The reason for this is that in much of the northern hemisphere, the prevailing winds are westerlies – blowing from west to east. The massive, unchecked pollution from these early industries would therefore drift eastward, making the air quality much lower in the east end of cities, lowering the desirability (and price) of the housing. Middle classes preferred the cleaner west ends.
In many cities, this will have been compounded – or confused – by the direction of the main river in the environment, which would have been relied on for many uses, including sewerage. London, as an example, displays a massive east/west divide, caused in large part by both early industry and the west-to-east flow of the River Thames.Of course, as polluting industries are moved out of affluent countries to eastern Europe, China and the developing world, the old industrial areas, positioned close to the centres of cities as they were before widespread car ownership, are being cleaned up and gentrified, and the rich/poor divide is turning into a boring-rich/exciting-rich divide.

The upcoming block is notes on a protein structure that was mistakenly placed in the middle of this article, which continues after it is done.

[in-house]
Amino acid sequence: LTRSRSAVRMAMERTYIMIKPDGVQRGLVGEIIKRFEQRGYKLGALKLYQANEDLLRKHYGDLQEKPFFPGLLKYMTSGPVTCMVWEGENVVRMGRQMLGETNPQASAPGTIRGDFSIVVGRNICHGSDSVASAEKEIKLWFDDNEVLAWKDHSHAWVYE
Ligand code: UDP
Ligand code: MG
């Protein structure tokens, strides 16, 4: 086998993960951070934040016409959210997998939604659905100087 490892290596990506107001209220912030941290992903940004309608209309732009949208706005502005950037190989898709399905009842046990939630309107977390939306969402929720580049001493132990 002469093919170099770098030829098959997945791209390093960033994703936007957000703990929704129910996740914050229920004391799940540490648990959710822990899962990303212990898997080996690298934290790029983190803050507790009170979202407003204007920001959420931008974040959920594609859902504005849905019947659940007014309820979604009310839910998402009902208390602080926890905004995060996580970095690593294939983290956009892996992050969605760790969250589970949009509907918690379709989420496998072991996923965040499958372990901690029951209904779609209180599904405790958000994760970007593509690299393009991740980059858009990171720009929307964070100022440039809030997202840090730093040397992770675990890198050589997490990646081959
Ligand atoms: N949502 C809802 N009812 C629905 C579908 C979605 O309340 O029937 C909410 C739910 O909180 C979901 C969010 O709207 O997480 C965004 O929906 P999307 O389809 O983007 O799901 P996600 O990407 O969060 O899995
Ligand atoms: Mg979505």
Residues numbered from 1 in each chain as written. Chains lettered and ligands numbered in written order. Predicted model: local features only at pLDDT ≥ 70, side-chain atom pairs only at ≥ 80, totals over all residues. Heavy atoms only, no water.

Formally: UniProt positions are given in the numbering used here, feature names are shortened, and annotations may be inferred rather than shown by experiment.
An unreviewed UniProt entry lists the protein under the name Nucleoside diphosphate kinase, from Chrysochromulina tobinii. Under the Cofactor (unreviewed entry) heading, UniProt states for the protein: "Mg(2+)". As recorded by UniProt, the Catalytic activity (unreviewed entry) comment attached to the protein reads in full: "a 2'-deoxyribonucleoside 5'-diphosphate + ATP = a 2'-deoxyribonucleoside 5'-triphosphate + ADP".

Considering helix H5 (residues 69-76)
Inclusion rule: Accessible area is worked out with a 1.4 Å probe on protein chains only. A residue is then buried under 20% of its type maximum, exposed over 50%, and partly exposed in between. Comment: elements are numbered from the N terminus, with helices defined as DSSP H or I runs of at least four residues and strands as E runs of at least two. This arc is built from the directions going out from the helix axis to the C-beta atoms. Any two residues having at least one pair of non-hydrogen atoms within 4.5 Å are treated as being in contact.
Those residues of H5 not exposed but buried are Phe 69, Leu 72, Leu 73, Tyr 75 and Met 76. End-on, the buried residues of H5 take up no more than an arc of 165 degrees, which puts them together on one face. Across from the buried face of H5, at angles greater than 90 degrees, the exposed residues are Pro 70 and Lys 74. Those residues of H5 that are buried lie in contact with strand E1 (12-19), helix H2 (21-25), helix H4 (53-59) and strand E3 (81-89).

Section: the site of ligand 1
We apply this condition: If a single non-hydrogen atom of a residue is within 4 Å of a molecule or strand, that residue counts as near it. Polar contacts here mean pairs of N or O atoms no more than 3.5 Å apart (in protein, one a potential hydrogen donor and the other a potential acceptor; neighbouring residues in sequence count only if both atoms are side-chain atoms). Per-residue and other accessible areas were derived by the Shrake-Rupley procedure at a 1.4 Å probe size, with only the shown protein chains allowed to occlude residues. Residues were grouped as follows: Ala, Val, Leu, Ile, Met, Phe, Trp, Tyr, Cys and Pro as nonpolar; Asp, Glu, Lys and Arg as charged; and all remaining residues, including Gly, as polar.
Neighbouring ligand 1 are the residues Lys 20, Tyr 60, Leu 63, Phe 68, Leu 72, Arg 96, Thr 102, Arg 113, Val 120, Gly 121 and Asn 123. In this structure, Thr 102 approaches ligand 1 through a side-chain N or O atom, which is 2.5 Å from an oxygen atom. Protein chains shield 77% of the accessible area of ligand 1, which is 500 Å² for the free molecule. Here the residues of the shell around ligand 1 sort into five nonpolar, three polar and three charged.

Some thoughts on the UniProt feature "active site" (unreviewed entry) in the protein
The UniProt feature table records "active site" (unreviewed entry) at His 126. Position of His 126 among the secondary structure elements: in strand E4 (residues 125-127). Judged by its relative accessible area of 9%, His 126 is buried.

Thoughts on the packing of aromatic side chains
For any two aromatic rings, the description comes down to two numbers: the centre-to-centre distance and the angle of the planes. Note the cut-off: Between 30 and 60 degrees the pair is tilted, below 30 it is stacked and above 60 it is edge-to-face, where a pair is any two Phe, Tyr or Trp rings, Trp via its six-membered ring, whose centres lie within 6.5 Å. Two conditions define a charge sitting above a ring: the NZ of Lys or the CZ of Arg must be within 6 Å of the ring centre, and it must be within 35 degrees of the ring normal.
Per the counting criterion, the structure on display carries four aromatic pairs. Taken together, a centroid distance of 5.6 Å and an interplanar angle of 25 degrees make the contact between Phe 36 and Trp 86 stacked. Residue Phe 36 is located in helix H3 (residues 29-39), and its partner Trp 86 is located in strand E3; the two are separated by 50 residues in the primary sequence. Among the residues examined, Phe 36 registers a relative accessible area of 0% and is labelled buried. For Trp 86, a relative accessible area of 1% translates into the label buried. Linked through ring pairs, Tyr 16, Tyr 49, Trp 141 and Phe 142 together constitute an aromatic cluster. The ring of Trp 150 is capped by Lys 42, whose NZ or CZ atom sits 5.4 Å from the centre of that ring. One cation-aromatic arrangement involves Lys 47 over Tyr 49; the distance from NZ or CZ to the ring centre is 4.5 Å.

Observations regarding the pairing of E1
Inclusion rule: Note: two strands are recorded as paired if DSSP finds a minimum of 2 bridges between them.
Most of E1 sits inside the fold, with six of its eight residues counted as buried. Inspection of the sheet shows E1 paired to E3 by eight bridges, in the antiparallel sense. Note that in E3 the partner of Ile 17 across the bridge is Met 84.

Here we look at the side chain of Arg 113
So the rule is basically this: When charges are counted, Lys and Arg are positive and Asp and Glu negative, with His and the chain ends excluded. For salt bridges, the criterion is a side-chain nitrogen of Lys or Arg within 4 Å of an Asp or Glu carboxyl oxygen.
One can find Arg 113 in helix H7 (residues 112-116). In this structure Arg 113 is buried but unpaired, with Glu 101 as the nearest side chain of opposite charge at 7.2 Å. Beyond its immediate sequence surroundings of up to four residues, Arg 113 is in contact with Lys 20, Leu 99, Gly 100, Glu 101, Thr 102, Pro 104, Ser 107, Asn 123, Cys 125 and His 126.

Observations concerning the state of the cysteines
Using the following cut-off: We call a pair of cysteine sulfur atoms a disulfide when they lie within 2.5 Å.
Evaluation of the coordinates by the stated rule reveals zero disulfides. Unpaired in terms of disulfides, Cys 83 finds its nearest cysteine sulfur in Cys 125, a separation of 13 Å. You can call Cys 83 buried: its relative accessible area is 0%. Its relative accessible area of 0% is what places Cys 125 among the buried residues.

In Australia (well, at least in Melbourne and Sydney), the relationship is reversed, with the western suburbs being poorer and more industrial, and the eastern suburbs being more affluent. One would imagine that this would suggest that the prevailing winds in Australia are easterlies, but the wind map linked seems to contradict this; if anything, Melbourne seems in the path of westerlies, and northeasterlies don't start until somewhere around the Tropic of Capricorn.
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